The Fantastic Mr. Fox
Starring (voices): George Clooney, Meryl Streep, Jason Schwartzman, Bill Murray, Michael Gambon, Eric Chase Anderson, Wallace Wolardarsky
Director: Wes Anderson
“You know, foxes live in holes. For a reason.”
“Yes, and no.”
The Fantastic Mr. Fox (Clooney) has his own idea of life. Problem for everyone else is, his plan does not match theirs. Mr. Fox fashions himself a high class thief, and at one point, he was a pretty good one. Then he met a girl, Felicity (Streep). Once they found out they were having a cub, he promised to find a different line of work.
Forward 2 years (12 fox years), and this other line was as an columnist for failing newspaper. His column, “Fox About Town,” is not popular enough for his tastes. Living in a comfortable foxhole, he considers himself poor, and his son is somewhat less than a chip off of the old block. Felicity does not, and would prefer he not rock the boat. Mr. Fox has other plans. He buys a house that he cannot afford, complete with an opossum handyman who becomes his stooge. Soon enough, he is back doing what he does best.
Problem is, he does it to three of the meanest farmers around, Boggis, Bunce and Bean. The local children sing a song of fearful reverence about the three:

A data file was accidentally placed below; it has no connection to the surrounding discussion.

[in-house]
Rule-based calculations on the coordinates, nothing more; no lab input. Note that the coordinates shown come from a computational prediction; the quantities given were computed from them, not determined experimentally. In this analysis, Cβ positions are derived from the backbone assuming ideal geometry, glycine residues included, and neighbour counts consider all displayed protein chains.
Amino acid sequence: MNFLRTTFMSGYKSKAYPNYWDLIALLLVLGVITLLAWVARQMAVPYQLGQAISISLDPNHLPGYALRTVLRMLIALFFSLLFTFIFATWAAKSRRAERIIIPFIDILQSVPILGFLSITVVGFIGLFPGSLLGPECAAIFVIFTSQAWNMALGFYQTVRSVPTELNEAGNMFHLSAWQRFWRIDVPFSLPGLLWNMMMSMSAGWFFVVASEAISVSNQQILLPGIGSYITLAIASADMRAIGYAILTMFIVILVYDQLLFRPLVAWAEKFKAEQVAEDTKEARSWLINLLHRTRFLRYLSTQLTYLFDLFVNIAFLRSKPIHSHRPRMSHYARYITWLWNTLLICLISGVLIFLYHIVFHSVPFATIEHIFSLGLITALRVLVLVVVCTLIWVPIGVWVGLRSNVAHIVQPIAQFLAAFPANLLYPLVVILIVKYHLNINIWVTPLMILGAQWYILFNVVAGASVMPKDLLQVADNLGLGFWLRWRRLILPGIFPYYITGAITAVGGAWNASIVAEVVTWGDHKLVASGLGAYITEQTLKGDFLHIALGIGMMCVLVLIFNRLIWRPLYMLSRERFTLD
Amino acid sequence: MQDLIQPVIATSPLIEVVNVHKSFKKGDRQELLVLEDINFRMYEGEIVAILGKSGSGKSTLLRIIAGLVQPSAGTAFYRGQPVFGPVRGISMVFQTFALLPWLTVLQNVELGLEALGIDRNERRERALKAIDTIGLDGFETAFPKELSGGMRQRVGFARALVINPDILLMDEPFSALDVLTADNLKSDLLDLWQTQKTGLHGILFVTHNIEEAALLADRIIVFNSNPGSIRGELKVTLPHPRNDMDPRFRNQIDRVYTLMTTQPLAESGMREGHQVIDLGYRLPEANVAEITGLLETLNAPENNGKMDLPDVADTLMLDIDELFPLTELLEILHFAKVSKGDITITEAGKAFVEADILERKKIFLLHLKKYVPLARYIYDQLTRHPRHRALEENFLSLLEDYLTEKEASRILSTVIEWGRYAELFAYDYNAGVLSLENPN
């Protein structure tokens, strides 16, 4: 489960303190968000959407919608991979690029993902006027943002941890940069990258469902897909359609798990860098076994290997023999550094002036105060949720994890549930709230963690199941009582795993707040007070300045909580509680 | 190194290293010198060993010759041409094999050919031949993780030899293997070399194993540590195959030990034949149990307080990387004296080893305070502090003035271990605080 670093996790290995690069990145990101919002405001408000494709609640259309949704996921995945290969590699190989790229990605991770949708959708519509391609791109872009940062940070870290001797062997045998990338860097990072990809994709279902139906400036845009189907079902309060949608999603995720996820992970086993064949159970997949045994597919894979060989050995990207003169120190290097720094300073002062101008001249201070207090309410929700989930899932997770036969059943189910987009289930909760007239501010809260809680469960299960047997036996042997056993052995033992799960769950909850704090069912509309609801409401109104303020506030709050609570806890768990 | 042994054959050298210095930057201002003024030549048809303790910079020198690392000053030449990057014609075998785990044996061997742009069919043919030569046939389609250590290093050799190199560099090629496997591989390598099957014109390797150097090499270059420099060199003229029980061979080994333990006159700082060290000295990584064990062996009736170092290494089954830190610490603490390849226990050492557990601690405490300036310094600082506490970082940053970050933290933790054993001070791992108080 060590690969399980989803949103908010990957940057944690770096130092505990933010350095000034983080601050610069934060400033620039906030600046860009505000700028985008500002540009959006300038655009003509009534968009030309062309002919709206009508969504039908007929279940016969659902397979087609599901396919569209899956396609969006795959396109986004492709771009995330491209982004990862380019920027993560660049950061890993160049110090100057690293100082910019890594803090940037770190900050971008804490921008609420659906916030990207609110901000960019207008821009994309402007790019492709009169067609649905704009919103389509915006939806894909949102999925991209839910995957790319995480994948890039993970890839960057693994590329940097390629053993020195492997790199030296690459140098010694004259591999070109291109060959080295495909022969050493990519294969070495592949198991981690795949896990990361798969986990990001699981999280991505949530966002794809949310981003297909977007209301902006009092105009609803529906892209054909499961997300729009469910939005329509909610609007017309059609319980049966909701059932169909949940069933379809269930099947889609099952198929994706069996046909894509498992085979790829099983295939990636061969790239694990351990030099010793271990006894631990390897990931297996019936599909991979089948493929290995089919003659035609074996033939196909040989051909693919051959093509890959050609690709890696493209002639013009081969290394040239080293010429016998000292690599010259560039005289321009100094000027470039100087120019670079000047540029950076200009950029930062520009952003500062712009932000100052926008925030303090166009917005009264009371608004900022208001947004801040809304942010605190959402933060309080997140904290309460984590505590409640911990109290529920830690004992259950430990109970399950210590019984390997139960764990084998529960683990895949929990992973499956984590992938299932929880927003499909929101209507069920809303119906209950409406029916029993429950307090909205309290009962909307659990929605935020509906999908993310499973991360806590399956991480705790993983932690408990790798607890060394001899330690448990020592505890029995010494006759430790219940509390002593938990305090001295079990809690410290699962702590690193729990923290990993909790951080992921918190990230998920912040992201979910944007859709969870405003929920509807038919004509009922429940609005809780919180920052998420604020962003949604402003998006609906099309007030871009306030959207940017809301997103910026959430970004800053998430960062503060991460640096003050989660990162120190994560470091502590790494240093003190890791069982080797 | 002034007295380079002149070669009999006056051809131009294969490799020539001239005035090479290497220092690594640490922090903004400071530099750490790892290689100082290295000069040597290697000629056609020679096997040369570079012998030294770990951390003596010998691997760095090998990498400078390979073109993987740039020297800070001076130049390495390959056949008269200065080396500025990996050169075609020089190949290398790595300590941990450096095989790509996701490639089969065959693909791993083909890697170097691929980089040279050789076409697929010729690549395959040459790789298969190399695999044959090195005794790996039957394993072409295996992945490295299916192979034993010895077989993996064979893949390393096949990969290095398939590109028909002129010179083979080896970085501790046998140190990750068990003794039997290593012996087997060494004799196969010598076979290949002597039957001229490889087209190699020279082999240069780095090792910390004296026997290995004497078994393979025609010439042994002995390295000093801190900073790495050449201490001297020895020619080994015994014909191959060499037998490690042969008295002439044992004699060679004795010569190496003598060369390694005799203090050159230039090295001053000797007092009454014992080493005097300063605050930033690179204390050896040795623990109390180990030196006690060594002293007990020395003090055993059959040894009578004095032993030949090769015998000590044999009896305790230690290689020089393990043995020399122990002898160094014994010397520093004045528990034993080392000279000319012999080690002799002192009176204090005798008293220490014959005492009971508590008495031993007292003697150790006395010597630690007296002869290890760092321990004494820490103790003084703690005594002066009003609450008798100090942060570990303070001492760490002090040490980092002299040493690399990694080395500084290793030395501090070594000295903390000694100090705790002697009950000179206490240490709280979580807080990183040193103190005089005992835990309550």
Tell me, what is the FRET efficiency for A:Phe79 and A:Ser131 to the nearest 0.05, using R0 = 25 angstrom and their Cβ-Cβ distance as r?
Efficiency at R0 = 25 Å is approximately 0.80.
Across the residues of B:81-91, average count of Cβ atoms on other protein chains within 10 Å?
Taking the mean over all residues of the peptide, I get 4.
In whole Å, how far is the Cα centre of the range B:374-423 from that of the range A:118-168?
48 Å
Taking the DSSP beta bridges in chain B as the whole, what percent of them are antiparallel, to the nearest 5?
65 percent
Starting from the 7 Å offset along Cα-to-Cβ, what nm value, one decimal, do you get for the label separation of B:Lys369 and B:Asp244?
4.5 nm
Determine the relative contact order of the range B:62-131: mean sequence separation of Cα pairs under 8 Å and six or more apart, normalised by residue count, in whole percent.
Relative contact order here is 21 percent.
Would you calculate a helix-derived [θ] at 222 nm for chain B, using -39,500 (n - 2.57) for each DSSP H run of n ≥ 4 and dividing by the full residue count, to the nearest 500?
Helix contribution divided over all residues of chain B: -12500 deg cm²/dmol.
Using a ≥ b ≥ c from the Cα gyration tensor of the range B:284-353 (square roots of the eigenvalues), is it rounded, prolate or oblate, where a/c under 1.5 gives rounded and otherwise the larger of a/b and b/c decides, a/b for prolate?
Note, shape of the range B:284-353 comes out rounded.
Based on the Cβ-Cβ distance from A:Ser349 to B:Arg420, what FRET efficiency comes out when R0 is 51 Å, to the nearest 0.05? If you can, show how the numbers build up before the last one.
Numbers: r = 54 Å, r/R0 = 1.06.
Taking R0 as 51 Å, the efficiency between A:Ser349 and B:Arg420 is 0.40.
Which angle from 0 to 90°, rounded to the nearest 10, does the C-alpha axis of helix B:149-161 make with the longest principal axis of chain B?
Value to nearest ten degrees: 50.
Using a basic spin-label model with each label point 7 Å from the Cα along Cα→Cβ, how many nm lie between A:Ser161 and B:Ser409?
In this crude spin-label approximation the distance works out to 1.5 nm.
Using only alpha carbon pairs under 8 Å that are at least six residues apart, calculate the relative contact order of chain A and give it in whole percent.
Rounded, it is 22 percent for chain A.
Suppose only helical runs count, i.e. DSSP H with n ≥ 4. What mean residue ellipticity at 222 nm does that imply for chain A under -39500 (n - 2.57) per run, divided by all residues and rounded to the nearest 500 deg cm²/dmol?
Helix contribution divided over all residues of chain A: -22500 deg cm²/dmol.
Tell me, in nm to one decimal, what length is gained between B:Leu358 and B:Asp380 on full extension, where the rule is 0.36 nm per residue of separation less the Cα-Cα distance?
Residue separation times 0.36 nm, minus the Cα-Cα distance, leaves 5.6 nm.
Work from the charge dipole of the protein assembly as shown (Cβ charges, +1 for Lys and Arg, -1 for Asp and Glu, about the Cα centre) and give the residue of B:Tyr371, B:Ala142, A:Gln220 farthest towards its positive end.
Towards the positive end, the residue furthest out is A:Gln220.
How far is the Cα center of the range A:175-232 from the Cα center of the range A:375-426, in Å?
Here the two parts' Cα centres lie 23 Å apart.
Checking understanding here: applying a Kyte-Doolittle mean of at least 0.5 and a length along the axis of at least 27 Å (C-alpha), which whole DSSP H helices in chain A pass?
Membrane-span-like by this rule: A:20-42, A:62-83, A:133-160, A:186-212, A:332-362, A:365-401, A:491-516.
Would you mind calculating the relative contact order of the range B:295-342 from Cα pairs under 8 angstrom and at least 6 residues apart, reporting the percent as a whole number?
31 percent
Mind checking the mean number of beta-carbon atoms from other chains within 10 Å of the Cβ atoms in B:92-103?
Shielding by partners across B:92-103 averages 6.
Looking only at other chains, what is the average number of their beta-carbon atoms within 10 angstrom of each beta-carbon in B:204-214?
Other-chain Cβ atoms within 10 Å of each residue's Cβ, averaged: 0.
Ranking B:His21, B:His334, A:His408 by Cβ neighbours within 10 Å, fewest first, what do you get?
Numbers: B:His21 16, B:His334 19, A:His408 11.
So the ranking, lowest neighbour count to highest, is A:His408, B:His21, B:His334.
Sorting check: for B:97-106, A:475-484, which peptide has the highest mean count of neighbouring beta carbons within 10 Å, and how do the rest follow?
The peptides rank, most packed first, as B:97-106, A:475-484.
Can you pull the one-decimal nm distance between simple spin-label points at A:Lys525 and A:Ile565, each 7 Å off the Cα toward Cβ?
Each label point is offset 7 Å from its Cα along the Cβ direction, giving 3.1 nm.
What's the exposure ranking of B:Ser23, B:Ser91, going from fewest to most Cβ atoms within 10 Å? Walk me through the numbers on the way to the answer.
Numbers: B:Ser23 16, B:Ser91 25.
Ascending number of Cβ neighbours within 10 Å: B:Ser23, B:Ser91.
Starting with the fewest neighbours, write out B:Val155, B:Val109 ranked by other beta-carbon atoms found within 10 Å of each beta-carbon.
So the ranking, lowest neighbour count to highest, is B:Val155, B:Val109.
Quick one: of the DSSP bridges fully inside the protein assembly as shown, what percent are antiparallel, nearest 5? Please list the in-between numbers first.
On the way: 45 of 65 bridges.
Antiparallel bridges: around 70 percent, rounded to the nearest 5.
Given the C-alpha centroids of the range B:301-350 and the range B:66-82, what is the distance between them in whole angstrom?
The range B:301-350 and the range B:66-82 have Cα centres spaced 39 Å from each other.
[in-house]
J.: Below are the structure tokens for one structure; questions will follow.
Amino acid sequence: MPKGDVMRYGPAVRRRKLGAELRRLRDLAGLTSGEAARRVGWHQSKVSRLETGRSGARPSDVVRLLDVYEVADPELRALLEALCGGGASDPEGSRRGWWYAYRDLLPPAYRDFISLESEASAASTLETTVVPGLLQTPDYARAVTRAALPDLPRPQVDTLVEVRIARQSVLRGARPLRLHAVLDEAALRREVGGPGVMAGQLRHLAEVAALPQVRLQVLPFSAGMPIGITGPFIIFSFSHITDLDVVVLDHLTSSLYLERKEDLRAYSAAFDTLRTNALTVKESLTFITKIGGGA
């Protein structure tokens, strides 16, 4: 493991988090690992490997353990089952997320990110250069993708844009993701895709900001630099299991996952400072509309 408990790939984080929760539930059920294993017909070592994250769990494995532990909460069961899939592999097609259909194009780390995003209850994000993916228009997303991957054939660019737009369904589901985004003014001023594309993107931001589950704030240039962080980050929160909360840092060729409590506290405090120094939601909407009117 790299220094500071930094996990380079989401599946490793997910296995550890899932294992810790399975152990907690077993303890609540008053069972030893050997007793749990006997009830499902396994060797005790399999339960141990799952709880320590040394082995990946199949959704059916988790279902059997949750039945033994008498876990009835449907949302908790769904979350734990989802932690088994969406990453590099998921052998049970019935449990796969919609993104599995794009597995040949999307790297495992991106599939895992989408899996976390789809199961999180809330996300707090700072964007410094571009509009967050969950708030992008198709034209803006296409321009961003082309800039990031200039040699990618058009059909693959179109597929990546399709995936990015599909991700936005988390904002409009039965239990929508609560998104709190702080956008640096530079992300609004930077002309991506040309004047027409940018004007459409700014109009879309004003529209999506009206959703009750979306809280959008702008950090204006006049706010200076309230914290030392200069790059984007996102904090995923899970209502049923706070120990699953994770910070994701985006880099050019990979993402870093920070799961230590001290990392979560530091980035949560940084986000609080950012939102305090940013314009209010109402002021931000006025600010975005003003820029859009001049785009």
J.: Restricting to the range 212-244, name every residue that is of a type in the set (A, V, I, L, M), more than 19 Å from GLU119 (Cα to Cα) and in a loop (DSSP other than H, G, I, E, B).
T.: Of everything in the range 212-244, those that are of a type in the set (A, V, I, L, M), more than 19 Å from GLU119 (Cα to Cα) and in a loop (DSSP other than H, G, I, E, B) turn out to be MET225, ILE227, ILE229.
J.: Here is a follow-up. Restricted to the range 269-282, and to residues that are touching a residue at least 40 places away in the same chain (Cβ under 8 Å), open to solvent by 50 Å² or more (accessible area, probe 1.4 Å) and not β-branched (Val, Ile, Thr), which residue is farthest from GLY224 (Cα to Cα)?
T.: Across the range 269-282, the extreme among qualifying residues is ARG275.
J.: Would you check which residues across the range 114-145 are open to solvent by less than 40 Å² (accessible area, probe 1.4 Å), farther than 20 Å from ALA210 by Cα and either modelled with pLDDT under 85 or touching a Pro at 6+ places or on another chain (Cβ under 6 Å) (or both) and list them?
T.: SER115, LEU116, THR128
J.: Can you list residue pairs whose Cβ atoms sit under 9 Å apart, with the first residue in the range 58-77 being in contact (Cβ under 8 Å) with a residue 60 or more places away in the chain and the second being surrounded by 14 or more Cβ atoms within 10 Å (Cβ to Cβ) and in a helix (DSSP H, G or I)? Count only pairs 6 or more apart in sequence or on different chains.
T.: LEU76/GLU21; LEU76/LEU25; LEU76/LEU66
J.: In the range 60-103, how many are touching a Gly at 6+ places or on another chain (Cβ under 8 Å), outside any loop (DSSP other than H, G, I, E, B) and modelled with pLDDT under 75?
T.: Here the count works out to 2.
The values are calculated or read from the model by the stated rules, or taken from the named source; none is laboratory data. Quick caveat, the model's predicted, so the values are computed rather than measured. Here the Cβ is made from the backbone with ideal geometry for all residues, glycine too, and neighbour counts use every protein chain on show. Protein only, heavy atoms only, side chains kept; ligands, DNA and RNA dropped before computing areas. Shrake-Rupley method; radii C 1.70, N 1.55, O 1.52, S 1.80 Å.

“Boggis and Bunce and Bean
One fat, one short, one lean
Those horrible crooks
So different in looks
Were none less equally mean.”
This movie is the best work Wes Anderson has done in a career of subtle comic sketches. Anderson has actually improved on the charming book written by Roald Dahl (author of “Charlie and the Chocolate Factory”). The voice work is only exceeded by the animation. Clooney is pitch perfect as Mr. Fox. The role seems to have been made for his self-satisfied charm. Gambon is delightfully evil as Bean, and his “You wrote a bad song, Petey!” bit echoes my feeling about every British “pop” star ever since John Lennon, complete with the tossing of a lit cigarette.
The interplay between Schwartzman’s misunderstood Ash and his humble, brilliant cousin, Kristofferson is classic passive-aggressive / passive-passive.
I should warn parents that there is a lot of cussing in this movie. Brilliant thing is, the cussing is all variations of the word “cuss.” The movie will require a little bit of an attention span. It is like watching “Curb Your Enthusiasm,” sans the vulgarity and adult situational humor. Both of my daughters were able to hang with the subtle subtext, for the most part. Those who prefer movies like “G.I. Joe” should not bother.
2009 was a good year for animated fare. “Up” was the second best movie of the year (next to the Star Trek reboot). “The Princess and the Frog” is the best Disney cartoon since “Mulan.” This one fits quite nicely between them. If your kids are a little more capable of hanging with a movie that requires them to think, reward them with this movie.
****1/2 out of *****